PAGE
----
Motor slowing while printing

Hi everyone!
I have a 8 x12 c & p new style hooked up to a Leland motor…after I use it for about 20 min’s the motor slows down. I’ve touched the motor, but it doesn’t feel too hot. And the plug that it’s wired to doesn’t feel hot either. We re-wired the motor and it’s plugged in directly to the outlet. I’m curious if anyone has any suggestions? I’m thinking is it the leather strap? Does it stretch while I use it? Or the “brushes” for the motor. Has it worn down? I don’t know much about electric motors’ so any help would be great!

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It could be the brushes. Do you hear the motor “pop” often as if sparking?

You could also try some belt dressing. It’s sold in most hardware or auto parts stores and it adds a little stickiness to the belt.

Carbon brushes can leave a residue. The only time I had a motor slow down like that, cleaning the commutator (is that right?) with emery paper helped. Of course, unplug the motor first.

Do not use emery cloth on any commutator. Not only will it score the copper segments thereby causing excessive sparking,but grit will lodge between the segments and short out the bars. A fine crocus cloth can be used; that is, if a proper cleaning stick is unavailable. In a pinch, a common ink eraser will do the job.
But first, examine the motor. Are any commutator segments discoloured? Is there evidence of thrown solder on or around the segment wires? Is there excessive sparking whilst the motor is operating? Is there evidence of wear in the front and rear bearings/bushings? Are connections tight and bright? Assuming the motor to have variable speed, does shifting the brushes have effect? Is there noticible odour of burnt winding insulation wafting from the motor? Finally, is there adequate lubrication; conversly, is the motor over-lubricated?
The belt pulleys also require attention. Are they slippery with oil/grease film? Are they crowned correctly? Are there discernable balance problems? Then, too, the belt plays vital role. Is it a flat belt? If so, proper tension is vital; there must be deliberate ‘slack’ (this varies with distance involved) else slippage, and overheating, of both belt and motor will occur. That might well be interpreted as a ‘slowing’ of the motor. Ensure the correct side of the belt is facing the pulleys. Should it be a Vee belt, ensure its width is correct for the pulleys, and its tension is measured as well. Never run a Vee belt on a crowned pulley. Belt/pulley dressing is an option of course, but on a small demand such as experienced with an 8x12 is more ‘quick-fix’ than cure.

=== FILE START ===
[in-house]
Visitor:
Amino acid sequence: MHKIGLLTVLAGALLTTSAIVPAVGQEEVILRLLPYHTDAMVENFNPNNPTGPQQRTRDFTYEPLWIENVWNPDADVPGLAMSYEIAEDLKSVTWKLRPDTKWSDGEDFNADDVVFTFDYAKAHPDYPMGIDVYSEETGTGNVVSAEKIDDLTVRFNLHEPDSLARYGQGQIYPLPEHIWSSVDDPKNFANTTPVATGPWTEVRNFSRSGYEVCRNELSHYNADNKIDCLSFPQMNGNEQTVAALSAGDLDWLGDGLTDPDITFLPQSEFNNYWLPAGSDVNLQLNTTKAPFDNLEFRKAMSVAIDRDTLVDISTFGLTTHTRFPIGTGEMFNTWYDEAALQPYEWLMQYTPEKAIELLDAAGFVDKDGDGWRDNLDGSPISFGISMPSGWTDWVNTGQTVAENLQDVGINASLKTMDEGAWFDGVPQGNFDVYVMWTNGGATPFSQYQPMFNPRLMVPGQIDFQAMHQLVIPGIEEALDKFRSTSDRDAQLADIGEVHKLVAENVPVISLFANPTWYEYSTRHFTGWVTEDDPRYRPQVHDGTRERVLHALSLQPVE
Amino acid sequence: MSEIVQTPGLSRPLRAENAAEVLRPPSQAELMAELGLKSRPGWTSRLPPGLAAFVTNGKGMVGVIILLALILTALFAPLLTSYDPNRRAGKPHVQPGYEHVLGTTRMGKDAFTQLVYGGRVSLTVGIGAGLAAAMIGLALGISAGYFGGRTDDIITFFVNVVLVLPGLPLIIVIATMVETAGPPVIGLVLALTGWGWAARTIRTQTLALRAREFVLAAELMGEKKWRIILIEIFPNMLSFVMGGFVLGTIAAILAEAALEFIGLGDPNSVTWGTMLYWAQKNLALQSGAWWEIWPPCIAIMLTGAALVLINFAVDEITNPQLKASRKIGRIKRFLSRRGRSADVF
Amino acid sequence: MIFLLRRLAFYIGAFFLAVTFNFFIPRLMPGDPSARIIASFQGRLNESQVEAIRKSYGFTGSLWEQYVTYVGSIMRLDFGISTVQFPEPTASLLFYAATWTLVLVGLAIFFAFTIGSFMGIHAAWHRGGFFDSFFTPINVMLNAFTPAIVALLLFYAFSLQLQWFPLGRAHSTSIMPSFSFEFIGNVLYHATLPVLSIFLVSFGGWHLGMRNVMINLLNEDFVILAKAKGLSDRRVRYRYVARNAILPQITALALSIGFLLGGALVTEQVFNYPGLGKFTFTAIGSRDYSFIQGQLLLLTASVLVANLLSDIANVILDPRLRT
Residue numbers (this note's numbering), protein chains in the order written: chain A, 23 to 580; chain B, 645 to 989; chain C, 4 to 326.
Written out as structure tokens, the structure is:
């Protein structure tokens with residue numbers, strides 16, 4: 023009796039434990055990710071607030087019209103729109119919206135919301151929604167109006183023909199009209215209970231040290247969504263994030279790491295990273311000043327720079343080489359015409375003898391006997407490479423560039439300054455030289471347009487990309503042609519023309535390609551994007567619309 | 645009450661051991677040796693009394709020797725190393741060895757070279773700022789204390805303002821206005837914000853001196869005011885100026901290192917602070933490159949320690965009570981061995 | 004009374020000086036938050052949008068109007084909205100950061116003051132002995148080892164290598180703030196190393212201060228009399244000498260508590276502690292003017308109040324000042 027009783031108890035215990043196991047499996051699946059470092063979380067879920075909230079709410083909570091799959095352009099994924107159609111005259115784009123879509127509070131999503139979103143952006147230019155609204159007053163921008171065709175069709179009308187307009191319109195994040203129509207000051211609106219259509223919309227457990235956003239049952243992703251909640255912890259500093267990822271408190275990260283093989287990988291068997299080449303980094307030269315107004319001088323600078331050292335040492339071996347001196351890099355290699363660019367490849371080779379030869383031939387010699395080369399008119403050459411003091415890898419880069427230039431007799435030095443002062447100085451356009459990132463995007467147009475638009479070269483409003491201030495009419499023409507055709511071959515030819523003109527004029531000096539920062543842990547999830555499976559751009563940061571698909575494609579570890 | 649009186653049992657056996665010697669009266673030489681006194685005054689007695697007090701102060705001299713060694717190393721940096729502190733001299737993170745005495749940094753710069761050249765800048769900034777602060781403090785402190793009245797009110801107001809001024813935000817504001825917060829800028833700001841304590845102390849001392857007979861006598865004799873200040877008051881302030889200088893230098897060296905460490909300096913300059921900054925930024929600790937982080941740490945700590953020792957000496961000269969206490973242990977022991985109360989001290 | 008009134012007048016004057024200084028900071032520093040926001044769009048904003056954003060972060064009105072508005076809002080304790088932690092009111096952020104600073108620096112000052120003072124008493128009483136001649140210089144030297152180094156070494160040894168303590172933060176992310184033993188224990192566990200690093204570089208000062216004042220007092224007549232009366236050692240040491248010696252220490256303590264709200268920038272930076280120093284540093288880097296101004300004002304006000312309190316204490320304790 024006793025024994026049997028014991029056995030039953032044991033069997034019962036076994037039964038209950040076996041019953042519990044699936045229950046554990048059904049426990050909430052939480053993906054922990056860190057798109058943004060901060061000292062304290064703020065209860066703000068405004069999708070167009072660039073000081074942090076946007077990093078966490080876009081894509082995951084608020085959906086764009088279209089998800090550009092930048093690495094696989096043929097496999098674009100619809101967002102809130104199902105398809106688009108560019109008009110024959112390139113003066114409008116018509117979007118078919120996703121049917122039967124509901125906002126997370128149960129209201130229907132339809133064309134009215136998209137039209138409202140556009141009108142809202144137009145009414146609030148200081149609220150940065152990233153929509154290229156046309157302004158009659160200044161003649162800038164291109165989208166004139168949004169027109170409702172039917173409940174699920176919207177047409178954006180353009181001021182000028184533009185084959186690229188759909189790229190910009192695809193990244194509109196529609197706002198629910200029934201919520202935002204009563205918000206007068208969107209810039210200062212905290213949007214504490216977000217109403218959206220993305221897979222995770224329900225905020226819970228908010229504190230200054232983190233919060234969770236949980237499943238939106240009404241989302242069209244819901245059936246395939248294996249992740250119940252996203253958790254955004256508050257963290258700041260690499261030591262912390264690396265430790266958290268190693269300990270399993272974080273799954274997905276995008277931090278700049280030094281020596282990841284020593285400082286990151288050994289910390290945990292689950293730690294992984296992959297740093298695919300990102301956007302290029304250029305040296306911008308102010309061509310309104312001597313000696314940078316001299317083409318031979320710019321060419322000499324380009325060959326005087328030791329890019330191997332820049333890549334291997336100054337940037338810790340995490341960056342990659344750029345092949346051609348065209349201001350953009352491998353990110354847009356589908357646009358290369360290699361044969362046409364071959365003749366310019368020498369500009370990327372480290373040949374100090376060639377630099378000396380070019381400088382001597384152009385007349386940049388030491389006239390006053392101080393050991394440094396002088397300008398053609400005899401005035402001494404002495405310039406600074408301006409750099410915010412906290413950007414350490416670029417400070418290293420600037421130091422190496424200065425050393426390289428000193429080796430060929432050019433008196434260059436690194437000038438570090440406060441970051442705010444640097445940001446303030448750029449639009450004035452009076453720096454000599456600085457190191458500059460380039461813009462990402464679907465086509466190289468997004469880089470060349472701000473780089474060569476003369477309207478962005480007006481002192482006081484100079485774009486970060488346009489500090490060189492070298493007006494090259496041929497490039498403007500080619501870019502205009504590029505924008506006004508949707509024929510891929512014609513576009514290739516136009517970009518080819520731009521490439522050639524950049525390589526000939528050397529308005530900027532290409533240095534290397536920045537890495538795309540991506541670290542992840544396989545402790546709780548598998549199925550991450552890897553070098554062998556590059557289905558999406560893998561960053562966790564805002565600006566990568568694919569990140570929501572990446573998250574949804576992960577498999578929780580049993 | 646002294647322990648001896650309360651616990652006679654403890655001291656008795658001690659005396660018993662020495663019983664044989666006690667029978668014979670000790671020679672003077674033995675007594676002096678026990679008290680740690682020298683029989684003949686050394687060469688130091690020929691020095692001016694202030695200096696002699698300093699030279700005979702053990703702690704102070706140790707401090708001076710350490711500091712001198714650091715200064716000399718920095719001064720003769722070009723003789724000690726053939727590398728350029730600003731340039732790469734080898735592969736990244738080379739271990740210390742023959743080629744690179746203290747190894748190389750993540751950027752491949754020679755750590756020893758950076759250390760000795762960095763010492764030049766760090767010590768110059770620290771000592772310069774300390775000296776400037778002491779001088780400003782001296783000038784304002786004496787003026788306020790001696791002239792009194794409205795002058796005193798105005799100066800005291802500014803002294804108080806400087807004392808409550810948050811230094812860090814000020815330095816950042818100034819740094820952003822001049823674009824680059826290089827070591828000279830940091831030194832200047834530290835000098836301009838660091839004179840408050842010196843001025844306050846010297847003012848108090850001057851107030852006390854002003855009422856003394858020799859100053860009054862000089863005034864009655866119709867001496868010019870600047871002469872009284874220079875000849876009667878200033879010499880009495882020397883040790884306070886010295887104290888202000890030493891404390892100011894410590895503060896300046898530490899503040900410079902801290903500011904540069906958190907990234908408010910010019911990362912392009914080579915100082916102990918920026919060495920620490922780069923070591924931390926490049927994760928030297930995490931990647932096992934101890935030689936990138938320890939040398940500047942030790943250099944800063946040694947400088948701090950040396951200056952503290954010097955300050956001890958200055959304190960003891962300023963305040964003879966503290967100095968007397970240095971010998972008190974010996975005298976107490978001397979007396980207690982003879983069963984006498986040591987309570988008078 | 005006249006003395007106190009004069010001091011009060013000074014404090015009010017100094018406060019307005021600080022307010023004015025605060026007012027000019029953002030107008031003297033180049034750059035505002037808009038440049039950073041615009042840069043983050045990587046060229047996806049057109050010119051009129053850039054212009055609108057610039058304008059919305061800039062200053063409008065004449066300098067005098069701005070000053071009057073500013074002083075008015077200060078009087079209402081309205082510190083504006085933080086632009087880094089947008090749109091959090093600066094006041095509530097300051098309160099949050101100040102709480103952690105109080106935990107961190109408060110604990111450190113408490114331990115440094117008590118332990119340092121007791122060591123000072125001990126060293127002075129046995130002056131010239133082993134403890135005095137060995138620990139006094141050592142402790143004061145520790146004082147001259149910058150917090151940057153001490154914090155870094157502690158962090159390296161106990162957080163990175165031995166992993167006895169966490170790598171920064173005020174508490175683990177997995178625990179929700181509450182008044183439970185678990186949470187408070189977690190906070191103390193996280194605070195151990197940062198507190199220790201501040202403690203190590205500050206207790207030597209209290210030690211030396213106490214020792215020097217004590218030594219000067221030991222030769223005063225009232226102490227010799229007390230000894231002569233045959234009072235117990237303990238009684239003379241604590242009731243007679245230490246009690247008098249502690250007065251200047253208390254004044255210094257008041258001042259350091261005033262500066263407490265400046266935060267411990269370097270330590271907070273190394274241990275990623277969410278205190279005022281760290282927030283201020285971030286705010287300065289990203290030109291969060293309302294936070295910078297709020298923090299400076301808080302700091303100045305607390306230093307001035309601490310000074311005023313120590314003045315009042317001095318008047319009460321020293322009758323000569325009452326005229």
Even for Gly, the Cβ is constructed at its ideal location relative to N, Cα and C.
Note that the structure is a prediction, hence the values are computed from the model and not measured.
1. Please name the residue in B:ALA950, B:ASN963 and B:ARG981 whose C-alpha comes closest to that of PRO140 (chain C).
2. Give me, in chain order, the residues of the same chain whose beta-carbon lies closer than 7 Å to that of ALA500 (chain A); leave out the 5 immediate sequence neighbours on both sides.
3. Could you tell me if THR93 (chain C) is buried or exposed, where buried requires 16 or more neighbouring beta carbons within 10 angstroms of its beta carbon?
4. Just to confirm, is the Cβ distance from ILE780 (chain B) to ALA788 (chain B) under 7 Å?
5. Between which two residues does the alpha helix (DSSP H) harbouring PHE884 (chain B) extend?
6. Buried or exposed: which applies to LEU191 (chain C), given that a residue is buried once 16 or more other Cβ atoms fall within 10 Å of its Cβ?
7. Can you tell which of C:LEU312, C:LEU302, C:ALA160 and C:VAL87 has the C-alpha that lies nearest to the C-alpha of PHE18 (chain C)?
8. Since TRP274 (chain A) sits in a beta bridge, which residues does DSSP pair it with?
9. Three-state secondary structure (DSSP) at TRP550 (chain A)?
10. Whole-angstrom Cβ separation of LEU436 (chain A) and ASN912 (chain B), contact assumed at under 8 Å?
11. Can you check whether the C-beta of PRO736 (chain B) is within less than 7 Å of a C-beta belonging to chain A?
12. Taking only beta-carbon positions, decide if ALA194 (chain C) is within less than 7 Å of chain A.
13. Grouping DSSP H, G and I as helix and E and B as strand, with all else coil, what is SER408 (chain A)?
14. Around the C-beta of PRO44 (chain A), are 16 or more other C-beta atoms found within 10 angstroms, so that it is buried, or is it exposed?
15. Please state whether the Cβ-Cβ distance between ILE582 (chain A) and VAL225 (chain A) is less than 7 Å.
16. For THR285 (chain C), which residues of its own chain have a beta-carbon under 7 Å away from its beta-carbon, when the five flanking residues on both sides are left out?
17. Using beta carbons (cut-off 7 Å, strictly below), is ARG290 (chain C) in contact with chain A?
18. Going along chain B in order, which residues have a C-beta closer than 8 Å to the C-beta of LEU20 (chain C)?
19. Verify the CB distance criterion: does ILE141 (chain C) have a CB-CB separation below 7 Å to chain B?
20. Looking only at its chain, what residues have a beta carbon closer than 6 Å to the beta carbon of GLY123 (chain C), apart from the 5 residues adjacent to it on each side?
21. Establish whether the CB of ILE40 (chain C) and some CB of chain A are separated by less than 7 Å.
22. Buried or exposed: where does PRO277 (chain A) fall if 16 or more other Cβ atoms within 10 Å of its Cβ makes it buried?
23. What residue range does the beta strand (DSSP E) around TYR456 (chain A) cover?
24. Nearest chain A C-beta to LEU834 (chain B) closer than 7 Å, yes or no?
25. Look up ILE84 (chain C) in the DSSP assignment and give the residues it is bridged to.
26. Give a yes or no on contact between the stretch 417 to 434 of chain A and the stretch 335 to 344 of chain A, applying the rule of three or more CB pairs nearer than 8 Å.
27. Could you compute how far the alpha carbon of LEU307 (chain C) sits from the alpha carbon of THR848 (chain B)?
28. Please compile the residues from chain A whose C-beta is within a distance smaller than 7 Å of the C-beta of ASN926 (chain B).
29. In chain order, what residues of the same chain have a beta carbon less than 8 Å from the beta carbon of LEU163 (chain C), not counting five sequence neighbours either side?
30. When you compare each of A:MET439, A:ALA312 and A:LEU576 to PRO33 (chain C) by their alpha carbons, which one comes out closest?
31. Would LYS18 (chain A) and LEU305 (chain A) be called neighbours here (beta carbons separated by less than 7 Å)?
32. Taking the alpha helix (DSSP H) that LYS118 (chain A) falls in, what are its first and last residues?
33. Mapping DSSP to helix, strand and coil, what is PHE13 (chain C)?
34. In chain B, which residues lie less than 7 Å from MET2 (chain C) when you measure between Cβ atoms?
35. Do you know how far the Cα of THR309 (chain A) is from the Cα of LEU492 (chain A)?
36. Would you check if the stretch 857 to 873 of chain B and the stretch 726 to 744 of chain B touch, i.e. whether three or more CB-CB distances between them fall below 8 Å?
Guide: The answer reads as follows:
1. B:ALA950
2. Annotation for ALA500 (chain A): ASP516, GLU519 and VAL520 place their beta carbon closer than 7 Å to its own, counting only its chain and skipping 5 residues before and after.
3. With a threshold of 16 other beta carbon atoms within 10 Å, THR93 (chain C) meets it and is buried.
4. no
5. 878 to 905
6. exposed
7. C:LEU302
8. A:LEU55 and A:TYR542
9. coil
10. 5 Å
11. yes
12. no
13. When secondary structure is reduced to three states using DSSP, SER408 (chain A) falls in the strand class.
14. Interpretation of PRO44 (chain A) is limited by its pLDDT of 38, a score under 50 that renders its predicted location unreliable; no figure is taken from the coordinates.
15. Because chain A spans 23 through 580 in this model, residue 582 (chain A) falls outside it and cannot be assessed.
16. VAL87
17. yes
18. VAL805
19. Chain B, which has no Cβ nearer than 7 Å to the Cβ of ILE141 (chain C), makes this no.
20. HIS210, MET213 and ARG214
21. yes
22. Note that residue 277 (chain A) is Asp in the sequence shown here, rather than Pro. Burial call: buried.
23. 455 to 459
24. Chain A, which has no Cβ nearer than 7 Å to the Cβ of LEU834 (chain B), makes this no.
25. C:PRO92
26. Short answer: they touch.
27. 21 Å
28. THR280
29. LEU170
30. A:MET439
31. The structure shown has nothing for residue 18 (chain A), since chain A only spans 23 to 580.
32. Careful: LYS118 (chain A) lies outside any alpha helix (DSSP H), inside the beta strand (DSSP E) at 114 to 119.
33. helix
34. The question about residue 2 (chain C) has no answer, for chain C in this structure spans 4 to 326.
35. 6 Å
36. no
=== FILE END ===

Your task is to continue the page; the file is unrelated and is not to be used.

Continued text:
If the above fails to bring resolution, have a shop check the armature with a growler, and the fields for heat-induced shorts/opens. Then of course, there’s always a foot-treadle.

the motor doesn’t spark or pop while it’s running. the motor isn’t variable speed. there is no odor. the belt is flat. the belt doesn’t slip off. I’ll be honest here, i don’t know anything about motors! I haven’t yet lubricated the motor because I’m not sure where that’s supposed to be done. I’ll have to get someone in there that can run me through inner workings of the motor. Any book suggestions? I’ll do my research anyway. Thank you for your suggestions everyone!

Do the easy thing first: Lubricate the motor. At each end of the motor you will find either a hole leading directly to the shaft, a small cup having a hinged cap fitted to a hole leading to the shaft, a metal clip covering an opening leading to the shaft, a felt pad inserted in a hole leading to the shaft, or a combination of such descript. Using an oil can, squirt bottle, eyedropper, whatever, put oil (ordinary car oil is fine; don’t use 3-in-One oil or any of the ‘instant lubes’) in the receptacle until the hole is filled; the cup is filled; the felt is saturated. Wipe away excess. Run the motor. Look to see if oil leaks past the shaft; if so, the bushing/bearing seal is worn. Also, check the clarity of that oil; if dirty, it indicates lack of maintenance and/or a bearing surface soon in need of attention. Amazing what a little oil can do to make things run smoothly. Despite what the Democrats would say.

thanks forme! question, there are 2 holes on the shaft itself where the leather belt is. fairly large holes. are those oil holes too?

Hi Erika,
The two large holes you mention where the belt is; are they actually on the drive pulley on which the belt rides?
If so, they are most likely to be screw holes for the Allan screws that secure the pulley to the shaft. These screws need to be screwed up tight, so that the pulley does not slip on the shaft. Any oil holes will not be on the shaft itself but on the mountings which hold the bearings for the shaft.
Hope this helps.

Check to see if your pulley has a keyway. If so make sure a key is in before you tighten the allen screws.My C&Ps require keys on the drive pulley only.I’ll try to attach a picture.


image: C&P drive pulley key and set screw hole.JPG

C&P drive pulley key and set screw hole.JPG

hey mike, didn’t get the pic…would love to see it though! Bern, thanks for the clarification there…i should give this motor a thorough once over it sounds. why is there always a job to do first? :)


image: C&P drive pulley key and set screw hole.JPG

C&P drive pulley key and set screw hole.JPG

Hi Mike,
Thanks for the link to the video. I can’t see anything in it though, the contrast is too dark.

New vid posted much clearer.